Until the end of November, there is a drive active on Kickstarter for an animated film of Neil Gaiman’s “The Price,” a short story most recently featured in the anthology Sympathy for the Devil and originally printed in Smoke and Mirrors. (It appears to be online here.) It is a “true” story in the manner of true stories that aren’t quite—it’s metafiction, very lightly veiled—about a cat, a devil, and a very lucky family that might not be so lucky in the near future. After watching the proposal video, narrated by Neil himself (who is interested in the project and providing his time to promoting it), I was fairly intrigued.
Give it a watch on this page, where Mr. Chris Salmon explains why he wants to do the film, why he needs the money and what it will be put toward, and where he expects to show it once it’s complete.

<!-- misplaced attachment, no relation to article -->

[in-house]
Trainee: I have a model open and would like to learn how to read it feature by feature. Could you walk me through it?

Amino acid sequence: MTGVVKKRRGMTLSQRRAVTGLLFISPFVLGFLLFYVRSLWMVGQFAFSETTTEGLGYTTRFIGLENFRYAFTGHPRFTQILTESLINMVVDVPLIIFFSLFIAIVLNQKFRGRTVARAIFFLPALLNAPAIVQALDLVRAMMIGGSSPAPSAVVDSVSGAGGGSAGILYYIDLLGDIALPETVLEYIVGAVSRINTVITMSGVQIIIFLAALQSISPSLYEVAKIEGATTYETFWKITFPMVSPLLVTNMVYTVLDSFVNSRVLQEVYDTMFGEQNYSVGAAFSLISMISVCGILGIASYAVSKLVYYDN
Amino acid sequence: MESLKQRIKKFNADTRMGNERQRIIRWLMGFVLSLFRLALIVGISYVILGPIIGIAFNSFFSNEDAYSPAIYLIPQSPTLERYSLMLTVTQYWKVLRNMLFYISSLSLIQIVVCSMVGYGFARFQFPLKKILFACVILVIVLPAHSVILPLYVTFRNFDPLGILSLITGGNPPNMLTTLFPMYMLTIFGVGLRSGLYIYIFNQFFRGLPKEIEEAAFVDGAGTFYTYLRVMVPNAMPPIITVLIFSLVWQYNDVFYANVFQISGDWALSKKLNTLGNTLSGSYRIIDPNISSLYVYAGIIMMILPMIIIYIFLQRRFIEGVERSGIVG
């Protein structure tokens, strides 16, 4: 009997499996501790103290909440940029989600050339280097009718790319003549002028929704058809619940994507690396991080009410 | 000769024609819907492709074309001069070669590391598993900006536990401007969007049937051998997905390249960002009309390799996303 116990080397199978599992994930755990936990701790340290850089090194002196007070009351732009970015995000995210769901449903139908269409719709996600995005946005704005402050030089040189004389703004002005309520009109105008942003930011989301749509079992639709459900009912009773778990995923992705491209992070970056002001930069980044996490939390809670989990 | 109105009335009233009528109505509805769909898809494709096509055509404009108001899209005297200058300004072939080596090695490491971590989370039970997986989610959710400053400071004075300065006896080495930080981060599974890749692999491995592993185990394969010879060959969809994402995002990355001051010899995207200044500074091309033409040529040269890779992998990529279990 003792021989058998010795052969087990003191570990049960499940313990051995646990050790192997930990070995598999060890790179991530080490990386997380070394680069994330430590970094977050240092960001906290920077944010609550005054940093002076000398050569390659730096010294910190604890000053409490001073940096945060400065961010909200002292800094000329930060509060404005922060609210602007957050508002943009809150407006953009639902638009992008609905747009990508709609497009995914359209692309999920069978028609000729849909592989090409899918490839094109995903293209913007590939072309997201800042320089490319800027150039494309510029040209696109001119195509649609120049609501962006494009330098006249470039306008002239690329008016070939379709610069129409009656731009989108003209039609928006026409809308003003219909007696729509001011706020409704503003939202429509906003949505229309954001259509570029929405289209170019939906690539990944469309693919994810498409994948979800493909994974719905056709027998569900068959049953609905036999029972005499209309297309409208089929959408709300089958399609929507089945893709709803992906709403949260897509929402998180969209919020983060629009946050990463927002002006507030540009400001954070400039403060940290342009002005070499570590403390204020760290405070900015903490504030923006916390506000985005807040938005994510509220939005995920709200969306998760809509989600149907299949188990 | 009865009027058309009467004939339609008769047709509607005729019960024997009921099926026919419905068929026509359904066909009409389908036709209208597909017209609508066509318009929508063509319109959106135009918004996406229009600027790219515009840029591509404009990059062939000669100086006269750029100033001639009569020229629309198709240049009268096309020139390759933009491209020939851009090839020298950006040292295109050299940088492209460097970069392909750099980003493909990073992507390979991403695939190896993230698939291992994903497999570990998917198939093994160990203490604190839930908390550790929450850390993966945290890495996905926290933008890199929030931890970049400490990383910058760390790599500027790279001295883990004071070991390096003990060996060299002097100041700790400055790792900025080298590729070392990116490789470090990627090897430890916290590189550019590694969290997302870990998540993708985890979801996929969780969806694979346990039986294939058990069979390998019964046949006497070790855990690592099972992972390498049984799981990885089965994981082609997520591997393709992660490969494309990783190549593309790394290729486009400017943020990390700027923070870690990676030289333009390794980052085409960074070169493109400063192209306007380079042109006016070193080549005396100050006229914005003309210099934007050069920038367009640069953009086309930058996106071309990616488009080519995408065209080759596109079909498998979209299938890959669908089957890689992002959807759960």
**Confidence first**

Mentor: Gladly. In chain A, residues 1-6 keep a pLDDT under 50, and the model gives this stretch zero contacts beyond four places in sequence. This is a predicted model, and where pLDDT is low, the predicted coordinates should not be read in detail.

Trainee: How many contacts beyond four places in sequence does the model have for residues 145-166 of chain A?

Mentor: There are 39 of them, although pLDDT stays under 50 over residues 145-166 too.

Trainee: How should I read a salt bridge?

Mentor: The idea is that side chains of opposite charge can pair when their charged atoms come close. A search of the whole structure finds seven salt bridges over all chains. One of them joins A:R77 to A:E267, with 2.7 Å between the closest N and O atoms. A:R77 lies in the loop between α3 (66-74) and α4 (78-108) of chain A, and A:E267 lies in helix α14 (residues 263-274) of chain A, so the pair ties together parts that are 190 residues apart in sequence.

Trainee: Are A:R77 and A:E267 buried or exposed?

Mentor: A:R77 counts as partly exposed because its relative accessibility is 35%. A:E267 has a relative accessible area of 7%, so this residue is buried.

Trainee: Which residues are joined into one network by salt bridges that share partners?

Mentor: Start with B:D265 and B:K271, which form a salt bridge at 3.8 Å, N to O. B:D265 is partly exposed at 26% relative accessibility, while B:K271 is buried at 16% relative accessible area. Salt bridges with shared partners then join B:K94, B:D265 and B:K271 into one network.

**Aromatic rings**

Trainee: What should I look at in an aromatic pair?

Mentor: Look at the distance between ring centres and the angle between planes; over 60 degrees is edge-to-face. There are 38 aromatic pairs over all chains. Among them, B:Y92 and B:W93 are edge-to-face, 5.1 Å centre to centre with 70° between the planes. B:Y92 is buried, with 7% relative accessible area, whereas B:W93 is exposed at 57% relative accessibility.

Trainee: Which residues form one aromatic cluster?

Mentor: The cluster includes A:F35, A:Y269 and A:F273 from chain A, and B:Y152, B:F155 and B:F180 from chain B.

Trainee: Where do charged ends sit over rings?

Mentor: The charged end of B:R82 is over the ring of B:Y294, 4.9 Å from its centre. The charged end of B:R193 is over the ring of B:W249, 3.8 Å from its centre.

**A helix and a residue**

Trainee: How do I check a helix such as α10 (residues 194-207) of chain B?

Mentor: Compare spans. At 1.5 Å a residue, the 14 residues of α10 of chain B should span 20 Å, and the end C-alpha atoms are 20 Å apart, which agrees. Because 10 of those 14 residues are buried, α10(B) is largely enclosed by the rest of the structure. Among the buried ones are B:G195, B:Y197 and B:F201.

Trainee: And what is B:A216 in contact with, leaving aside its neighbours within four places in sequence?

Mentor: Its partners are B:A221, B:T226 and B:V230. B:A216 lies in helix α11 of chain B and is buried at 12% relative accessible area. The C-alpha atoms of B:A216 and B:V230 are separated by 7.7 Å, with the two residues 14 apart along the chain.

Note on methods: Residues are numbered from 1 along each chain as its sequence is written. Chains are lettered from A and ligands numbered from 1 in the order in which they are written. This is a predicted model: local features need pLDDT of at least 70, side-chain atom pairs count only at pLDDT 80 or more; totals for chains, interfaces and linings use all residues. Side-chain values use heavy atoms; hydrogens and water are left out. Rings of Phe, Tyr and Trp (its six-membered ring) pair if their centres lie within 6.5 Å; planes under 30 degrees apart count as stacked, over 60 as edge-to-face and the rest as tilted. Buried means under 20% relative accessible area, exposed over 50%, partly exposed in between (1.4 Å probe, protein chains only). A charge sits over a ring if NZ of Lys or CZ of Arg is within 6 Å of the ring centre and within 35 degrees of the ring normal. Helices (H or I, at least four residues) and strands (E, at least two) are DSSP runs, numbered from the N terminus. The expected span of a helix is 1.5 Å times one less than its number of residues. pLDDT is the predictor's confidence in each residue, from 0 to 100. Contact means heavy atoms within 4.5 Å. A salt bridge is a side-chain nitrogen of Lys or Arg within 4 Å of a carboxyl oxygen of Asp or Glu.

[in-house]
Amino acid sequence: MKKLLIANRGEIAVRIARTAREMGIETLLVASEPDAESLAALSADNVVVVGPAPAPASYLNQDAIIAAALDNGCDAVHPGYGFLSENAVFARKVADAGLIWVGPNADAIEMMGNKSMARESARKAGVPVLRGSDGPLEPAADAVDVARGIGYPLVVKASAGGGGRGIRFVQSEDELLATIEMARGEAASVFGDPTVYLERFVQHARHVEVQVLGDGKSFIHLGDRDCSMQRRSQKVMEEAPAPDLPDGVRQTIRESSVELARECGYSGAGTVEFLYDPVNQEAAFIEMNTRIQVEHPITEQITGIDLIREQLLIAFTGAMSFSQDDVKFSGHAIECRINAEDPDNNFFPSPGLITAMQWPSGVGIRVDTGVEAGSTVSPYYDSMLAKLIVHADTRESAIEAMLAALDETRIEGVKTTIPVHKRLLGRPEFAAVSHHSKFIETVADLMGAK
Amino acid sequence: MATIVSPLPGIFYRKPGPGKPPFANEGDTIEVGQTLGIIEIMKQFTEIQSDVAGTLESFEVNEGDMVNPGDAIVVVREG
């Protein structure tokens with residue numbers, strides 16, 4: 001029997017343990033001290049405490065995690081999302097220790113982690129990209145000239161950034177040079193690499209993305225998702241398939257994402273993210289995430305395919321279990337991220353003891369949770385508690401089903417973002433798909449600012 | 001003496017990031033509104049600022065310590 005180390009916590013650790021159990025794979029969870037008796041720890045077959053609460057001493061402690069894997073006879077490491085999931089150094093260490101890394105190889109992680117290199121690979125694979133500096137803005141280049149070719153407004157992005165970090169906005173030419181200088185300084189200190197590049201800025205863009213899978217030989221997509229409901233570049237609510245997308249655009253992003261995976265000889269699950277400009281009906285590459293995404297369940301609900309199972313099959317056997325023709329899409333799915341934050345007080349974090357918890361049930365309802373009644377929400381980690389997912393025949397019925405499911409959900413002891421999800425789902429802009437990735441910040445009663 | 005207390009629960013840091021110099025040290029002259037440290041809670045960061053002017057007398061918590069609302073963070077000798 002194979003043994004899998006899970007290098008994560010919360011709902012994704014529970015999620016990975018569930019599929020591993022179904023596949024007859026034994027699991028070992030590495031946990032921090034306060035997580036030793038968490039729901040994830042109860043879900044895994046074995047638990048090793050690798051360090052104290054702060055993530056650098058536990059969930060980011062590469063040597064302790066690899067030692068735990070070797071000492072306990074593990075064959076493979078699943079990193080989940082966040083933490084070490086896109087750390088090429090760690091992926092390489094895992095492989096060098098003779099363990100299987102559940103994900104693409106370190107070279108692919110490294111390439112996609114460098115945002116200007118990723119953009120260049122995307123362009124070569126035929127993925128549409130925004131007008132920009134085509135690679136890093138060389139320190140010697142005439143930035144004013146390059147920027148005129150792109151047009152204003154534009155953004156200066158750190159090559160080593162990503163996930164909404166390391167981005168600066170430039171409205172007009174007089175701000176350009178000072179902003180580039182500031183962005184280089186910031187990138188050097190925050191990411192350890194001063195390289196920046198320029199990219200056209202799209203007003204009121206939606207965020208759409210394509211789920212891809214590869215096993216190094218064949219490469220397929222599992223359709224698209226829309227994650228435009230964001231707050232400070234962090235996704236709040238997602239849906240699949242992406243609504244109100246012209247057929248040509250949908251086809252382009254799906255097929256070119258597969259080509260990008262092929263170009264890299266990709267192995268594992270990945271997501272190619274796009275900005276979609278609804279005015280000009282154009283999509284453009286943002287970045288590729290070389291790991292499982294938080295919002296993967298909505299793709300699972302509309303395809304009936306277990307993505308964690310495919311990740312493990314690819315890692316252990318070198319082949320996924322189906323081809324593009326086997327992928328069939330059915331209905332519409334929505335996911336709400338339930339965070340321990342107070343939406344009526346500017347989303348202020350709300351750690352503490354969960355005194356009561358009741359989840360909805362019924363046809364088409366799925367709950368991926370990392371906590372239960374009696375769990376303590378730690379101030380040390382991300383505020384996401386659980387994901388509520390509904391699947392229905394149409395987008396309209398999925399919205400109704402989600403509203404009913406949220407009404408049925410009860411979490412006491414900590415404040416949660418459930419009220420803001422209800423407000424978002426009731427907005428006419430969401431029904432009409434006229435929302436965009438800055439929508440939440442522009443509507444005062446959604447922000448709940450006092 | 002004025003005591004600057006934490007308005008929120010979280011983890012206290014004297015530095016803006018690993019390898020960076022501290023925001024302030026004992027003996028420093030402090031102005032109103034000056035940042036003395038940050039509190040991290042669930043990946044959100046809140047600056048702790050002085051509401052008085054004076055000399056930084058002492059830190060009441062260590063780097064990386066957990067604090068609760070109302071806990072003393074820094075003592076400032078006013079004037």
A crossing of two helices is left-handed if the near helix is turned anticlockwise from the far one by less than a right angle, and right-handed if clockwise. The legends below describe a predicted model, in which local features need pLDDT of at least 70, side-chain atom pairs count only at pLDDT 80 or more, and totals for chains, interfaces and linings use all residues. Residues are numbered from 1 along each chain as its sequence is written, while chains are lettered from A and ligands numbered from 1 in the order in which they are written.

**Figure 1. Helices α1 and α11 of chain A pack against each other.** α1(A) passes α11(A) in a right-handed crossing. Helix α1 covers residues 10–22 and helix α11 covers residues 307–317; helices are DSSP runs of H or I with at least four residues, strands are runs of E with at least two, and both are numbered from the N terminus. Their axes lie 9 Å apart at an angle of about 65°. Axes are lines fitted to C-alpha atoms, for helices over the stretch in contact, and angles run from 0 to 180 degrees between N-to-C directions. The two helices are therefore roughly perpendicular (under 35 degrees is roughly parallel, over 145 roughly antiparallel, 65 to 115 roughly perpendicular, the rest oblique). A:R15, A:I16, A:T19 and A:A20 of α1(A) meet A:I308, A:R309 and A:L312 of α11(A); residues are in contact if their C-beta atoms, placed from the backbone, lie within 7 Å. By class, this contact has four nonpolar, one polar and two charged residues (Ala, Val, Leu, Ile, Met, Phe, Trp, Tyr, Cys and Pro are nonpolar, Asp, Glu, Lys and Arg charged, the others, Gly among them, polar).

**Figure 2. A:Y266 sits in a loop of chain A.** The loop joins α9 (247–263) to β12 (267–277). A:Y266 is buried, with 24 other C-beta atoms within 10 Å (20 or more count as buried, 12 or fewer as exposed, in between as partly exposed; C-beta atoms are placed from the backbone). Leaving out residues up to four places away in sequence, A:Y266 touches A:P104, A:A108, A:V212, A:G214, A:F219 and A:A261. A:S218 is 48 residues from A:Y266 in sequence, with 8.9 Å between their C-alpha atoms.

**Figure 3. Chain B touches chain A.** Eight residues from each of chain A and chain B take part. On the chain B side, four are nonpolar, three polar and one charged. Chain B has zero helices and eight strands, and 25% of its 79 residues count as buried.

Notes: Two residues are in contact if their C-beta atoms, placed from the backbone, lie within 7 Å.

This is an idea I’m fascinated by: sourcing out the making of a film by a fan to the other fans. It skips the part where a potential watcher has to worry about the accuracy and interest of the folks making the movie because it’s being paid for and made by fans themselves. Plus, the parts of the story shown in the proposal video are nifty and rather strikingly attractive. I’d be interested to see how it looks in the end if the drive succeeds.
I also like movies with low but well-loved budgets; they tend to perform narratively much better than the big-ticket blockbusters.
(I’ve been Neil Gaiman-ing up the place lately somehow; Halloween just encourages it, I think.)